Since Tulsi was young, she had an innate passion to protect the environment and empower other young people to do the same. At the age of 21, she stepped up to serve in the Hawaii State Legislature, followed by two deployments to the Mideast as a soldier in the Hawaii Army National Guard, and then she returned to serve on the Honolulu City Council. Today, she continues to serve as a fourth-term United States Congresswoman and a major in the National Guard. And now, she is offering to serve as President of the United States, calling for an end to America’s disastrous policy of regime-change wars, an end to the new cold war and nuclear arms race, and a renewed commitment to protecting our planet and rebuilding our communities here at home.
Though she’s been in the public eye for almost half of her life, Tulsi was incredibly shy as a young girl, preferring to be out in the waves instead of mixing it up on dry land. So how does a shy surfer girl become a warrior for peace on a mission to lead a government that puts people, planet, and peace ahead of partisan politics dominated by corporate interests and an agenda for war?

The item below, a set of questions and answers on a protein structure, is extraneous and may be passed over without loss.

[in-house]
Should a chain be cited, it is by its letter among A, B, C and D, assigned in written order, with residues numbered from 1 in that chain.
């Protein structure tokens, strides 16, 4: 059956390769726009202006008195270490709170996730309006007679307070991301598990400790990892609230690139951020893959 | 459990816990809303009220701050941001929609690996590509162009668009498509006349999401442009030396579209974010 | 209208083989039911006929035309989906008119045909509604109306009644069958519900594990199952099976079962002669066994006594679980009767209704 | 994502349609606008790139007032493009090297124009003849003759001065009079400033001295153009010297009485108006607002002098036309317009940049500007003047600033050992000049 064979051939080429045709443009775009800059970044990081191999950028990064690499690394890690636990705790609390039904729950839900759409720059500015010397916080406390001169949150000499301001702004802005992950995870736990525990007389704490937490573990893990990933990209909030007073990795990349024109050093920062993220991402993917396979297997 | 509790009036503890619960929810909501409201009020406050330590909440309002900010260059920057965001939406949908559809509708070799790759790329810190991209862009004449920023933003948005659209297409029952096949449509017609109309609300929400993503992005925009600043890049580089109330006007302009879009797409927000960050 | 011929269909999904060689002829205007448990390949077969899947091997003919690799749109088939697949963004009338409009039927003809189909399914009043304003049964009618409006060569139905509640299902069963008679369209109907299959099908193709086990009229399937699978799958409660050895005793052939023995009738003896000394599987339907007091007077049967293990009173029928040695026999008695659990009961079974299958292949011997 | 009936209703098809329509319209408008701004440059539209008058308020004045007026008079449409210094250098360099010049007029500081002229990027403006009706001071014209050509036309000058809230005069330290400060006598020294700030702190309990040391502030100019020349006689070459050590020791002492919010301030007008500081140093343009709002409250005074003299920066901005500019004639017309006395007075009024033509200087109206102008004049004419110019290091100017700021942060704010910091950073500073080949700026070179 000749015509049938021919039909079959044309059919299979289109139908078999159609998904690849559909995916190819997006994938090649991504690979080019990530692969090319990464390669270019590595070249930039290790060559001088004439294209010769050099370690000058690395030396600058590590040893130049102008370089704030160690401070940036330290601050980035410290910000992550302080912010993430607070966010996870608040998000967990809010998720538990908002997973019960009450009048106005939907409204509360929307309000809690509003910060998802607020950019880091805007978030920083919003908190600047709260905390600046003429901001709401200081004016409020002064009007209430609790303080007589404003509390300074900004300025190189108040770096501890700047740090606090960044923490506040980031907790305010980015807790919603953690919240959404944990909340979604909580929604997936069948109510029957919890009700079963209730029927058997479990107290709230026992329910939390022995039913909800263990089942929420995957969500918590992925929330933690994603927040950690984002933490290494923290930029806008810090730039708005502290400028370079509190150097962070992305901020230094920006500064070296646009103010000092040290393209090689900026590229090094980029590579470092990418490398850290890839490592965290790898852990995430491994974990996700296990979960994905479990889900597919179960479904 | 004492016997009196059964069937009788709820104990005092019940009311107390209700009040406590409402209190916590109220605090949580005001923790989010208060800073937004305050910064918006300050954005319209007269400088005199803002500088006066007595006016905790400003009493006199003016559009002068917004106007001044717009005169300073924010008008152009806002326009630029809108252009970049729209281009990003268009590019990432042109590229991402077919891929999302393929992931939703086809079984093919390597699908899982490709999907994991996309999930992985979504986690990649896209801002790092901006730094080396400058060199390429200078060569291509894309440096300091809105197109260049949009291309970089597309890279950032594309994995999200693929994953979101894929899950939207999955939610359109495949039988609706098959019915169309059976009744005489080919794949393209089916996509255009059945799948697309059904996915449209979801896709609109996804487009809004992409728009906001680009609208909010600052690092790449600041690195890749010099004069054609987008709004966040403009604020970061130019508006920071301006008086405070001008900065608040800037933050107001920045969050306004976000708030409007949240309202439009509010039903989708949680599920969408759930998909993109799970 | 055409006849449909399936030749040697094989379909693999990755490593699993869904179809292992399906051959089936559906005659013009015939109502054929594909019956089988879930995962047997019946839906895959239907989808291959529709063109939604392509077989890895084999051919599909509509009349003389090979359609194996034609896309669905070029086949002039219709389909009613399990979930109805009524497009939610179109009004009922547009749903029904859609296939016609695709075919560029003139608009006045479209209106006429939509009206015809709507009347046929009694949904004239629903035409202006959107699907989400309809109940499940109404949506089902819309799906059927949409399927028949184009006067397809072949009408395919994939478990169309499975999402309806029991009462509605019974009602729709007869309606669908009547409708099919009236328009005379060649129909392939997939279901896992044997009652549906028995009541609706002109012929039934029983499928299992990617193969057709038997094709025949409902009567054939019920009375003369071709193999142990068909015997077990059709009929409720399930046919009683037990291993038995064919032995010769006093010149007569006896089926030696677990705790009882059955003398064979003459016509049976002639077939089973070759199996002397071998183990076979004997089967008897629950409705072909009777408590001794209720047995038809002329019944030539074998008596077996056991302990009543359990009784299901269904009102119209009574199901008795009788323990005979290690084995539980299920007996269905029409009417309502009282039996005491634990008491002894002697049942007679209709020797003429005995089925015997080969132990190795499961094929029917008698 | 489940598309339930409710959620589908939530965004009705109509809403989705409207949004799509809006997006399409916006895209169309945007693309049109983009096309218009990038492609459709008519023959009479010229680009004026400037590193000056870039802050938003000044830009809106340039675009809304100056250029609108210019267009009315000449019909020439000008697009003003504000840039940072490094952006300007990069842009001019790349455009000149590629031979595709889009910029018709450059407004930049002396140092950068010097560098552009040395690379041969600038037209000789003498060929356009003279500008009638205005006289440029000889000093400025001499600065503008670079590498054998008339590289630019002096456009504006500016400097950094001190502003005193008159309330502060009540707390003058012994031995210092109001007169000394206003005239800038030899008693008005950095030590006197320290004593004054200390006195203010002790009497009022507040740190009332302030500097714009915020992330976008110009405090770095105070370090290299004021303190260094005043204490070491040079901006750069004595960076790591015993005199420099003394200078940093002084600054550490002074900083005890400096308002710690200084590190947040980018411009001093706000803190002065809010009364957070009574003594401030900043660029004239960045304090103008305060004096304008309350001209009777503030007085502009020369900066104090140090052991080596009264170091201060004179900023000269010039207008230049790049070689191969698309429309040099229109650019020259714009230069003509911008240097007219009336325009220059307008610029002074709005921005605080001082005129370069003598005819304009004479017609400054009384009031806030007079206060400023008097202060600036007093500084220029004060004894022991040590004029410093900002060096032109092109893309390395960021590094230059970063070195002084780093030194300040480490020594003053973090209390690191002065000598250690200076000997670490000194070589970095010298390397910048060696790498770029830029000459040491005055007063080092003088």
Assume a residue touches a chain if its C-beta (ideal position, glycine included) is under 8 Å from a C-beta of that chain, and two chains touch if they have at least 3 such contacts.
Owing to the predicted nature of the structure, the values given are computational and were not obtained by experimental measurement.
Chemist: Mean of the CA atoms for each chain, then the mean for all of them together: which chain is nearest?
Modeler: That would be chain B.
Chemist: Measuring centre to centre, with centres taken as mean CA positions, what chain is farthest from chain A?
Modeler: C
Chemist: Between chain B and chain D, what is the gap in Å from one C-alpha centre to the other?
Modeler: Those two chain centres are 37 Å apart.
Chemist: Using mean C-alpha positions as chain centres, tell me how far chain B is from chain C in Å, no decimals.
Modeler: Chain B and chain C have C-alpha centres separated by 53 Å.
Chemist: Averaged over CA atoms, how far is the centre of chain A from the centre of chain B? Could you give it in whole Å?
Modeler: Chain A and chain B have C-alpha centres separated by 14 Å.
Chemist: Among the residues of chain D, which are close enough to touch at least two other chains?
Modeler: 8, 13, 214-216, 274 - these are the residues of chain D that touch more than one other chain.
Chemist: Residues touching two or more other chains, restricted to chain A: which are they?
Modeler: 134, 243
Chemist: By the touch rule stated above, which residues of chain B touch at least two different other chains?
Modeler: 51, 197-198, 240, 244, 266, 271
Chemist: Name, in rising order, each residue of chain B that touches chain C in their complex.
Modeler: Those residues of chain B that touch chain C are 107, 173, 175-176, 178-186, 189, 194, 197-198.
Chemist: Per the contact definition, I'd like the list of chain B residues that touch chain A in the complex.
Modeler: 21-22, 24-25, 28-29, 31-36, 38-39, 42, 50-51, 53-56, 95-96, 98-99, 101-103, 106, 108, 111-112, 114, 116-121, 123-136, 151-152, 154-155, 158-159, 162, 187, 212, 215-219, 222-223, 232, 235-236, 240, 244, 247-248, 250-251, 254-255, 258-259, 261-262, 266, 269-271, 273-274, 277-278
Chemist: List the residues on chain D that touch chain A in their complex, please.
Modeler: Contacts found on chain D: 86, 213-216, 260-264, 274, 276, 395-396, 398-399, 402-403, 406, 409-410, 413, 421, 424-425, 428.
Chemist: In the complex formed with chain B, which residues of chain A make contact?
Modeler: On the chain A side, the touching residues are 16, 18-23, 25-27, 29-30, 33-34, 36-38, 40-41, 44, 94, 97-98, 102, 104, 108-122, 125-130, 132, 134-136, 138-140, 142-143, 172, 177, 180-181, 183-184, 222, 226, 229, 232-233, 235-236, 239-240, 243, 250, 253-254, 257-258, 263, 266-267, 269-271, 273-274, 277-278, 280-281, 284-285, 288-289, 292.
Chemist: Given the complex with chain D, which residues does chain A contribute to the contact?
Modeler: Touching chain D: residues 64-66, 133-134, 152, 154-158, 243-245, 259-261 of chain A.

It all started on a small group of islands suspended in the Pacific Ocean called American Samoa.
Surrounded by swaying palm trees, pounding surf, and luscious mountain ranges on Tutuila Island, Tulsi was born to Carol and Mike Gabbard as the fourth of five children. Her mother was born in Indiana and grew up in Michigan, was raised Methodist, and later found her way to Hinduism. Her father grew up in the Deep South, the son of an Air Force Sergeant. Mike went to Catholic seminary as a young man and remains a lector in the Catholic church, while also practicing yoga meditation. Some of Tulsi’s earliest memories are of the bright colors, beautiful sounds, and fragrant aromas of both Christian and Hindu celebrations. Tulsi’s interfaith, interracial family is a reflection of the story of America, which taught her to accept and embody diverse perspectives and identities.
As is typical of many residents of Hawaii, she is of mixed ethnicity. She is of Southeast Asian (25.6%) French and German (24.6%), and Polynesian descent—as well as a mixture of 9 other ethnicities.
When Tulsi was two years old, her family moved to Hawaii. She grew up with sand between her toes—swimming, surfing, and playing on beautiful beaches with her four siblings and their friends.